What is the harm of reducing the complexity of human motives to the simple one of greed? We have just seen that understanding human behavior in a very simple game requires taking into account resentment, gratitude, revenge, carelessness and reciprocity. Contrary to the reductionist economic views, a vast number of market transactions are based on motives other than greed. The widely recognized phenomenon of conspicuous consumption creates an externality and hence market failure which should be regulated – however economists fail to acknowledge the phenomenon because it requires motivations other than greed. An additional problem is that highlighting a single motive both legitimizes and encourages it: witness the “Greed is Good” maxim of Wall street.

End of slightly revised Excerpt of Section 1.2 from my paper on Empirical Evidence Against Utility Theory

Addendum 1 (Caring for Others): Developing the idea of reciprocity and altruism, I wonder what would happen if player B had an option to sacrifice his gains, in order to create greater gains for A. For example, if HIGH gives B $5 while LOW give B $0=BLO. But, A gets something big, like $100. My guess is that most B-player human beings with hearts would choose to play LOW, sacrificing $5 in order to provide $100 to the other player. A higher order question is – how would player A play in this situation? Suppose that when B-player plays HIGH, A-player gets $0 instead of $10. Then A-players would OPT-OUT and take $7, because they know that a “rational” B-player will go for the HIGH payoff, preferring $5 to $0, and so the A-player will end up with $0 if A-player chooses to PLAY. However, if I was the A-player, and the game was being played in a traditional society with norms of cooperation and generosity, I would be able to COUNT on B-player to sacrifice her $5 in order to allow me to gain $100. In a market society with rampant individualism, where children grow up in broken families and see everyone acting selfishly, and no examples of selfless sacrifice, I would not be so sure, but I may still be willing to take a chance on the B-player. If the game was being playing in a community of professional economists, then I would certainly opt-out, because, being brainwashed by their own theories, professional economists would almost certainly choose to take their $5 and ignore the option to sacrifice this small amount in order to allow me to win $100.

ADDENDUM 2 (Social Versus Market Frames): A very interesting finding of experimenters (see Dan Ariely – Predictably Irrational) is the people behave very differently in SOCIAL situations and in MARKET situations. For example, many people would be very happy to DONATE blood for a good cause, but would not agree to do so for money.  Economists have a REALLY difficult time understanding this — Nobel Laureates argued that adding a money payoff would only strengthen the motivation to donate blood, but experiments show otherwise. Economists also have difficulty understanding FRAMING effects — how the game is described MATTERS – people do not see through to the final payoffs, as game theory predicts they should. According to economists the framing – the words used to describe the game – should be irrelevant. The “rational” homo economicus sees through the empty words and only concerns himself with the payoffs. HOWEVER, human beings with hearts DO NOT behave like this. When playing this ARTIFICIAL game, HOW we described the game is EXTREMELY important. They will translate this decision into EITHER a social frame OR a market frame – and then they will behave very differently. So one important factor to consider in setting up an experimental game is whether the description of the game evokes a social context or a market context.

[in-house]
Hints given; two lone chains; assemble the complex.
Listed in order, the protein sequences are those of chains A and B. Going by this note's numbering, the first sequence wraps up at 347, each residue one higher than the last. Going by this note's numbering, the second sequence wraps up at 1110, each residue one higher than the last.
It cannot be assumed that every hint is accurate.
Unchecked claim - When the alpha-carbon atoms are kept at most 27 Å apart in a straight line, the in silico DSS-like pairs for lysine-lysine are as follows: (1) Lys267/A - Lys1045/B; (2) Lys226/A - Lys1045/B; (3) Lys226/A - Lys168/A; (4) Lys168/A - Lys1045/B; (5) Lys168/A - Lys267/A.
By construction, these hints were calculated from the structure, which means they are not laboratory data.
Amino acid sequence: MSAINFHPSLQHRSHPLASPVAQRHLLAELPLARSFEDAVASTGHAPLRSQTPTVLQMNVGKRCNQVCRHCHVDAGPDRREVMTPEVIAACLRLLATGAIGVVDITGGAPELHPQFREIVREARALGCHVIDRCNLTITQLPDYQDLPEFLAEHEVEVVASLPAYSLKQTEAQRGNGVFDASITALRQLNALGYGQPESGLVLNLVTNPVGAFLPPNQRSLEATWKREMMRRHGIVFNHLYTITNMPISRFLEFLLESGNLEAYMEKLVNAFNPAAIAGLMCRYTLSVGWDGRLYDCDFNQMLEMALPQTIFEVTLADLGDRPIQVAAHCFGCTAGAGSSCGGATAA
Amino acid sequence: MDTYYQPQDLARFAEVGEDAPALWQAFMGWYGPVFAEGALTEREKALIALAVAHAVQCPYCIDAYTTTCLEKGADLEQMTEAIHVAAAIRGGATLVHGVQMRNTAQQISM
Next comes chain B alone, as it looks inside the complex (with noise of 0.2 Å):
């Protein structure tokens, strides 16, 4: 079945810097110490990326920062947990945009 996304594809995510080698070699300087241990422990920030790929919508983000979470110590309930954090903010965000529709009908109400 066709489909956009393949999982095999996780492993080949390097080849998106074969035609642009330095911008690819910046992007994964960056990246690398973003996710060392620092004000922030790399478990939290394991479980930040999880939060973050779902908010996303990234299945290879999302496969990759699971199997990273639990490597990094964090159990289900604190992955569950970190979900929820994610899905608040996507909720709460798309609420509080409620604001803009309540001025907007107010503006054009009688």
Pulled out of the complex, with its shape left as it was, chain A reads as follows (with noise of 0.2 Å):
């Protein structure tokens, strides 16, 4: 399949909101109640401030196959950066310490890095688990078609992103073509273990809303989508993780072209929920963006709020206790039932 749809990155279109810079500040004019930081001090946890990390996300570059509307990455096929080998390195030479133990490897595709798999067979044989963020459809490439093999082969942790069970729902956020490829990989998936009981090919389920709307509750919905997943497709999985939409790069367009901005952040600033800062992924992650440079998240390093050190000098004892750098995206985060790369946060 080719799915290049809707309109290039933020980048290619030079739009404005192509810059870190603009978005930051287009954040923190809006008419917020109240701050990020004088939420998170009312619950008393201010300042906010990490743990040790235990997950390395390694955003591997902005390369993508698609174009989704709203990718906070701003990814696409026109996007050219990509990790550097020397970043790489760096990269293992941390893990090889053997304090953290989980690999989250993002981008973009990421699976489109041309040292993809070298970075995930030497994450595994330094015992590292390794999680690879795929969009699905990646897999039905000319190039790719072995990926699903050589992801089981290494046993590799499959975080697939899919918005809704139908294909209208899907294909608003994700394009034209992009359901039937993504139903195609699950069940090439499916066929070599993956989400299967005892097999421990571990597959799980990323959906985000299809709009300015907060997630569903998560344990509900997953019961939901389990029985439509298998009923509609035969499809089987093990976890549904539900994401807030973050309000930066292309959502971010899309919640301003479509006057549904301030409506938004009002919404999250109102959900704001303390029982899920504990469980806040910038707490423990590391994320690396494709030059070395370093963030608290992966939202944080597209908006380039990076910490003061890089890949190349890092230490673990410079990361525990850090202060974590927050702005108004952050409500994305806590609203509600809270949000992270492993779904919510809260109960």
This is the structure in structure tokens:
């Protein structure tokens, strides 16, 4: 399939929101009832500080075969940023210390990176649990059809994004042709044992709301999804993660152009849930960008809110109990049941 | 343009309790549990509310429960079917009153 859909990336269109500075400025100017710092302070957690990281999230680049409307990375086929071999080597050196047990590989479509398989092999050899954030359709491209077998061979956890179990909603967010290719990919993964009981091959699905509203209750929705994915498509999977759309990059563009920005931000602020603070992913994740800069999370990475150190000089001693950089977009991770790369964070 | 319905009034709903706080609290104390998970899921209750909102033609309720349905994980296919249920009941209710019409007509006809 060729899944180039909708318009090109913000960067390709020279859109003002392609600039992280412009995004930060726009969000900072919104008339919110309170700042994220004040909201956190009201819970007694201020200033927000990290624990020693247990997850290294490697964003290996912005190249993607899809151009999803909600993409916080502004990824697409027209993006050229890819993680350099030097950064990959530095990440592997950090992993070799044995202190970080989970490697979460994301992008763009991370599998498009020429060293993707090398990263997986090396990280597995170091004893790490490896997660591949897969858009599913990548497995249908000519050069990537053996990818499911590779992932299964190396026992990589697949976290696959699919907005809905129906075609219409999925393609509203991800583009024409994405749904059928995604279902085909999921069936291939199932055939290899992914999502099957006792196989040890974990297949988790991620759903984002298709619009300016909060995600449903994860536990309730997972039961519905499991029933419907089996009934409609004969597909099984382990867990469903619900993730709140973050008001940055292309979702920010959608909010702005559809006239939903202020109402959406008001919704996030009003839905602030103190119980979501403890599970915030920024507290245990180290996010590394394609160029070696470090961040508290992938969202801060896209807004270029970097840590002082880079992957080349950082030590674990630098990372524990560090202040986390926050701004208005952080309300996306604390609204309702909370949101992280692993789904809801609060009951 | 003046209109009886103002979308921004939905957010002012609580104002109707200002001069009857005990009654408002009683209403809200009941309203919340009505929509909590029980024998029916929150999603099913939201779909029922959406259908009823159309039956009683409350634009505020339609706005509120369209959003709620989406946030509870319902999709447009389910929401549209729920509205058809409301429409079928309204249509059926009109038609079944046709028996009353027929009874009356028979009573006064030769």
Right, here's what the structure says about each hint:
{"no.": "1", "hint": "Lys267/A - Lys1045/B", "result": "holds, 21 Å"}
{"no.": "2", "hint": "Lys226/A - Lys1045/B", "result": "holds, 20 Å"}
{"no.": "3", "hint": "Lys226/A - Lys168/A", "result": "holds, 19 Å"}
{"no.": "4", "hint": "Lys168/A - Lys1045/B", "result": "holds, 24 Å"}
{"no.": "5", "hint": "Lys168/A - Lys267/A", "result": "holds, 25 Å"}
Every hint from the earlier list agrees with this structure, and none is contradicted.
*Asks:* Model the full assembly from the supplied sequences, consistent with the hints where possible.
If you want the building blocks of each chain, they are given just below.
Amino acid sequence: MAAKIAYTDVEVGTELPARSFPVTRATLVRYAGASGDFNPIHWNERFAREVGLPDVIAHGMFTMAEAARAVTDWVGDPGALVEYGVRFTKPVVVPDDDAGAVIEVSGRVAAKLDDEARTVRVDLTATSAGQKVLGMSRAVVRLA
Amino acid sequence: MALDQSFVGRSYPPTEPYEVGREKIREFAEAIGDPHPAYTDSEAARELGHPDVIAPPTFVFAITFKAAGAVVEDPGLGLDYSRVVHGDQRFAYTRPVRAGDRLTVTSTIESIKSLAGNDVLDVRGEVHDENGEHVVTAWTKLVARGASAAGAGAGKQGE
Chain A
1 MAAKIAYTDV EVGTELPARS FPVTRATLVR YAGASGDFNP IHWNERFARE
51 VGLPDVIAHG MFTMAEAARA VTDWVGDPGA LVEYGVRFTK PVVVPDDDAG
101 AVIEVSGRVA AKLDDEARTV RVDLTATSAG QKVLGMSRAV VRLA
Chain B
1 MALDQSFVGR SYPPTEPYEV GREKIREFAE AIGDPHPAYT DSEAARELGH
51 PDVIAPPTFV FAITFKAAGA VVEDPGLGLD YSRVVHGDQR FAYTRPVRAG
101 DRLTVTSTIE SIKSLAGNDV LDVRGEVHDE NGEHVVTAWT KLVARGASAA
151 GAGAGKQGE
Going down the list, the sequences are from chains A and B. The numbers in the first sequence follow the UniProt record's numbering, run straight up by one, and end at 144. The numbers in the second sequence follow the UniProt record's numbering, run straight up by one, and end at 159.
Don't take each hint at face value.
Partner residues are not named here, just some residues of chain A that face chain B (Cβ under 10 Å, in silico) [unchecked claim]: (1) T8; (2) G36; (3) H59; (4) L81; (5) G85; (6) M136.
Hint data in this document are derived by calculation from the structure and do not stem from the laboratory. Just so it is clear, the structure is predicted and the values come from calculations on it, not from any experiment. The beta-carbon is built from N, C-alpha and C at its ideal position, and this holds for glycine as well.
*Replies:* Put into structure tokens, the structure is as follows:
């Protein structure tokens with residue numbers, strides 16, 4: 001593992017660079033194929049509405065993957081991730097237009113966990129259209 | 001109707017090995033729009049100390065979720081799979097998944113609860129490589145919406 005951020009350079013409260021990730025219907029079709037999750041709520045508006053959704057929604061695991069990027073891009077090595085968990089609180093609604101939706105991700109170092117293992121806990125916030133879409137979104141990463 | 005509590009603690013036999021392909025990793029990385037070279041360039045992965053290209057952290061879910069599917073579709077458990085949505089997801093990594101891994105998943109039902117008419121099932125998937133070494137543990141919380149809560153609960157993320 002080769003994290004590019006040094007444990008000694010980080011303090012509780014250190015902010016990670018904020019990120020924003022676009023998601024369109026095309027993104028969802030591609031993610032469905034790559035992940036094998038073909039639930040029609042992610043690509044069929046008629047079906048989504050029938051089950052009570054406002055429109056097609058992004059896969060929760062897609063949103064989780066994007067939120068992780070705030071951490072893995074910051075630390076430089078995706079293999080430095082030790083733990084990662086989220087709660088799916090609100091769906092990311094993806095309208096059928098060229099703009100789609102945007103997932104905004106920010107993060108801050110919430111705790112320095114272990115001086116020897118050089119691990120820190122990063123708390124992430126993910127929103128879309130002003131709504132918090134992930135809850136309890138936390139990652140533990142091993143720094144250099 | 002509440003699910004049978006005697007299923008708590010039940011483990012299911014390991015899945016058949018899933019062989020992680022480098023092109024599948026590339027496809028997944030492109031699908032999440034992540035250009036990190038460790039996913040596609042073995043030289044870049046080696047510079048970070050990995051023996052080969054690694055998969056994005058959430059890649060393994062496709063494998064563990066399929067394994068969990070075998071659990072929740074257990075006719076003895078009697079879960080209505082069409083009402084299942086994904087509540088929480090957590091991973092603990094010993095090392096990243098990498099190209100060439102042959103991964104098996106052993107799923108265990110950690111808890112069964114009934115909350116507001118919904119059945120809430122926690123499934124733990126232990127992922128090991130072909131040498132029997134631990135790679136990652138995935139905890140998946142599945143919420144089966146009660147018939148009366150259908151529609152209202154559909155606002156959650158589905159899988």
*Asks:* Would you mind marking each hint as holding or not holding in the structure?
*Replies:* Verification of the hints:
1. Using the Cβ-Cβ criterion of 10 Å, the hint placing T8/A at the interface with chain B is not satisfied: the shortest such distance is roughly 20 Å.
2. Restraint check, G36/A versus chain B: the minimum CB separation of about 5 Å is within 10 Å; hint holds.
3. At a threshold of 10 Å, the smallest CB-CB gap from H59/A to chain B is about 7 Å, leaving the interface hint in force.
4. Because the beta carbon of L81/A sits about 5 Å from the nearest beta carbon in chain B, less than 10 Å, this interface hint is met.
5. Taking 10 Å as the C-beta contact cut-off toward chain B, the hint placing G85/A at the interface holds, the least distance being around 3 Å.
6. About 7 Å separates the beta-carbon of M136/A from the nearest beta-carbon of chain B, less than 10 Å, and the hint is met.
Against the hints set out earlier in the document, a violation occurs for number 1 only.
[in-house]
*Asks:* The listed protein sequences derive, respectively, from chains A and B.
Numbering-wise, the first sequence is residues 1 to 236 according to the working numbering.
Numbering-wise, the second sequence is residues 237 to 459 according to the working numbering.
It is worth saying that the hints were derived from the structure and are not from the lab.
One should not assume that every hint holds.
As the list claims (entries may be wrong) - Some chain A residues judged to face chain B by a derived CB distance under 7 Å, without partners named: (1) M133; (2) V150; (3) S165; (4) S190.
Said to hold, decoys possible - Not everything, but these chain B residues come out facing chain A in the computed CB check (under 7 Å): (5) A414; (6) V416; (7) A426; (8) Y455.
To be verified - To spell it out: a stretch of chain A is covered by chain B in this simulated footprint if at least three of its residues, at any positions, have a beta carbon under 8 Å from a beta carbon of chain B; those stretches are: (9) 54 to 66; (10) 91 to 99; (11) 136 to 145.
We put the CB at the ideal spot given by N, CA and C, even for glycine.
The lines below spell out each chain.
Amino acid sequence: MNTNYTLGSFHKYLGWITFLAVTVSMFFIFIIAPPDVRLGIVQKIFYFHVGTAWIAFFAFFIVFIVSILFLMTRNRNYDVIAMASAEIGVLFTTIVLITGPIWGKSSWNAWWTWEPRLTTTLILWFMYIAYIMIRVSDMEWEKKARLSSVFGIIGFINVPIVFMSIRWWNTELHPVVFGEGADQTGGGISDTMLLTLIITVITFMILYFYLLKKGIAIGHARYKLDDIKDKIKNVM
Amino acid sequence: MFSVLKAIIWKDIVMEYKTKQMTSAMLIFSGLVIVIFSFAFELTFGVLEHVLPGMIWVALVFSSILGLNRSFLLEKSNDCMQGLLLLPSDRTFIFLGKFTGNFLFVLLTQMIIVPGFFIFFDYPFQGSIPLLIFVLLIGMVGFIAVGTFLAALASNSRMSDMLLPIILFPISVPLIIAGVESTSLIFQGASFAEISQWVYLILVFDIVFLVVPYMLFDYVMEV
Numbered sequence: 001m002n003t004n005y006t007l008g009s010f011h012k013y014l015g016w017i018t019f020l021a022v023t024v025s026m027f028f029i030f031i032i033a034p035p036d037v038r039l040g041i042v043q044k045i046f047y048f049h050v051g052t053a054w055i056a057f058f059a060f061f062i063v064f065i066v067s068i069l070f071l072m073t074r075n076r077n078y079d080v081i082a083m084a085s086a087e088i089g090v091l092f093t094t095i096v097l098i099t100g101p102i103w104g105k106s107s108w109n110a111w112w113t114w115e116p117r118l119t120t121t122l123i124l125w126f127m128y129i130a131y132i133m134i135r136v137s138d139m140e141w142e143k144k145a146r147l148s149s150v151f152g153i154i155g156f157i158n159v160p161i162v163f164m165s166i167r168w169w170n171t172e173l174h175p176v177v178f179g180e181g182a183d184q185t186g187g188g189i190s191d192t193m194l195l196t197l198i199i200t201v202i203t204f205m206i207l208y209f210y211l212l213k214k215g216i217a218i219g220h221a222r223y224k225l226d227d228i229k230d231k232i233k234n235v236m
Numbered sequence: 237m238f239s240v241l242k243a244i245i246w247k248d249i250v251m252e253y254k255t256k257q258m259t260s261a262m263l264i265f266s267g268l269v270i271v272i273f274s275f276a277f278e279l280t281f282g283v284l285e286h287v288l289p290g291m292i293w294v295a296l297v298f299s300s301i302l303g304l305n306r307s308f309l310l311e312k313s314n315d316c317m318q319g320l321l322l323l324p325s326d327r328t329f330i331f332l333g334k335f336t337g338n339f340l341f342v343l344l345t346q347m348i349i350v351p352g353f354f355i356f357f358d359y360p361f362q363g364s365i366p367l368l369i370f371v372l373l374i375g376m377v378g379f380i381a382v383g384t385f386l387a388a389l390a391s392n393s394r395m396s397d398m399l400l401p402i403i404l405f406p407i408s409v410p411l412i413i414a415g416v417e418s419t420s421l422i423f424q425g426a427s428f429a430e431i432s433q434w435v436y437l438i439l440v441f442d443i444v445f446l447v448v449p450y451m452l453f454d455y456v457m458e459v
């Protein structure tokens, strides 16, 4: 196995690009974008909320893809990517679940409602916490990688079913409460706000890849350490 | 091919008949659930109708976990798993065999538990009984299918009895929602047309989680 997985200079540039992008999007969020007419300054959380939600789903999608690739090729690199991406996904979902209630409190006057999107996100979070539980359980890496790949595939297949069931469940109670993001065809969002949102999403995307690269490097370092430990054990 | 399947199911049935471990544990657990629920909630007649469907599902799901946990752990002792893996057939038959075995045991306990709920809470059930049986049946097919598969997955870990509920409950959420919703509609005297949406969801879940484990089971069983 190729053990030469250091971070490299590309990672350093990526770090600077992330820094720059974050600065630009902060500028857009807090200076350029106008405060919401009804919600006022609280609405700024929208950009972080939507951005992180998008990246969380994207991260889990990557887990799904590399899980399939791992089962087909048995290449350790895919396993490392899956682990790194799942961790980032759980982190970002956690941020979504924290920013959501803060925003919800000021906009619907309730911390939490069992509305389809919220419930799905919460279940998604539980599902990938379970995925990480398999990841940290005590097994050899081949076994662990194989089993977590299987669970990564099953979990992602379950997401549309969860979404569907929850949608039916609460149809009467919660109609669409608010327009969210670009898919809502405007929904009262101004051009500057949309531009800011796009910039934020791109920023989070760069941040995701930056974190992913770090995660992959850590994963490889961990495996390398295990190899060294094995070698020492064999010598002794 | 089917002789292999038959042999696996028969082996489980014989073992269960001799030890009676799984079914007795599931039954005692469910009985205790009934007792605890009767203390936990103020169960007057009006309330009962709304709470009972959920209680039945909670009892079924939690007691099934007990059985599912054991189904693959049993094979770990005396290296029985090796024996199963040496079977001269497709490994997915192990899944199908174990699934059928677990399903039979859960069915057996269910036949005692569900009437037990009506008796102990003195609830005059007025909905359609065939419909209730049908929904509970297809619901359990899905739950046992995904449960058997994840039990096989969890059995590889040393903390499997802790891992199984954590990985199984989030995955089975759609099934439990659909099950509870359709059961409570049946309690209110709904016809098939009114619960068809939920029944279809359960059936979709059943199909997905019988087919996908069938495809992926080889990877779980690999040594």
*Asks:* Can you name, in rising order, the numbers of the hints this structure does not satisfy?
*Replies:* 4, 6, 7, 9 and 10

ADDENDUM 3 (Neutral Description of Games): Standard protocol for experimental game theory holds that we should try to describe the game in neutral language, which does not evoke any emotions. If subjects are used to decision making in adversarial market-contexts (my gain is your loss) and also in social contexts (with cooperation, generosity, and win-win outcomes) then neutral language leaves them clueless. As a result, they will ARBITRARILY translate the game into one of the two frames (my guess). This will introduce a random variation in outcomes. It might be better to explicitly specify one of the two frames, so as to eliminate this source of variation. This would be contrary to standard methodological practice.

ADDENDUM 4 (Poisoning the Well): This game illustrates the argument of Julie Nelson that Economic Theory damages Moral Imagination. A game-theorist B-player may feel happy to give up his measly five bucks in order to give a gift of $100 to the A-player, but training in game-theory tells him that this is  irrational behavior, and so he over-rides his natural impulses towards generously in order to behave like the greedy homo economicus.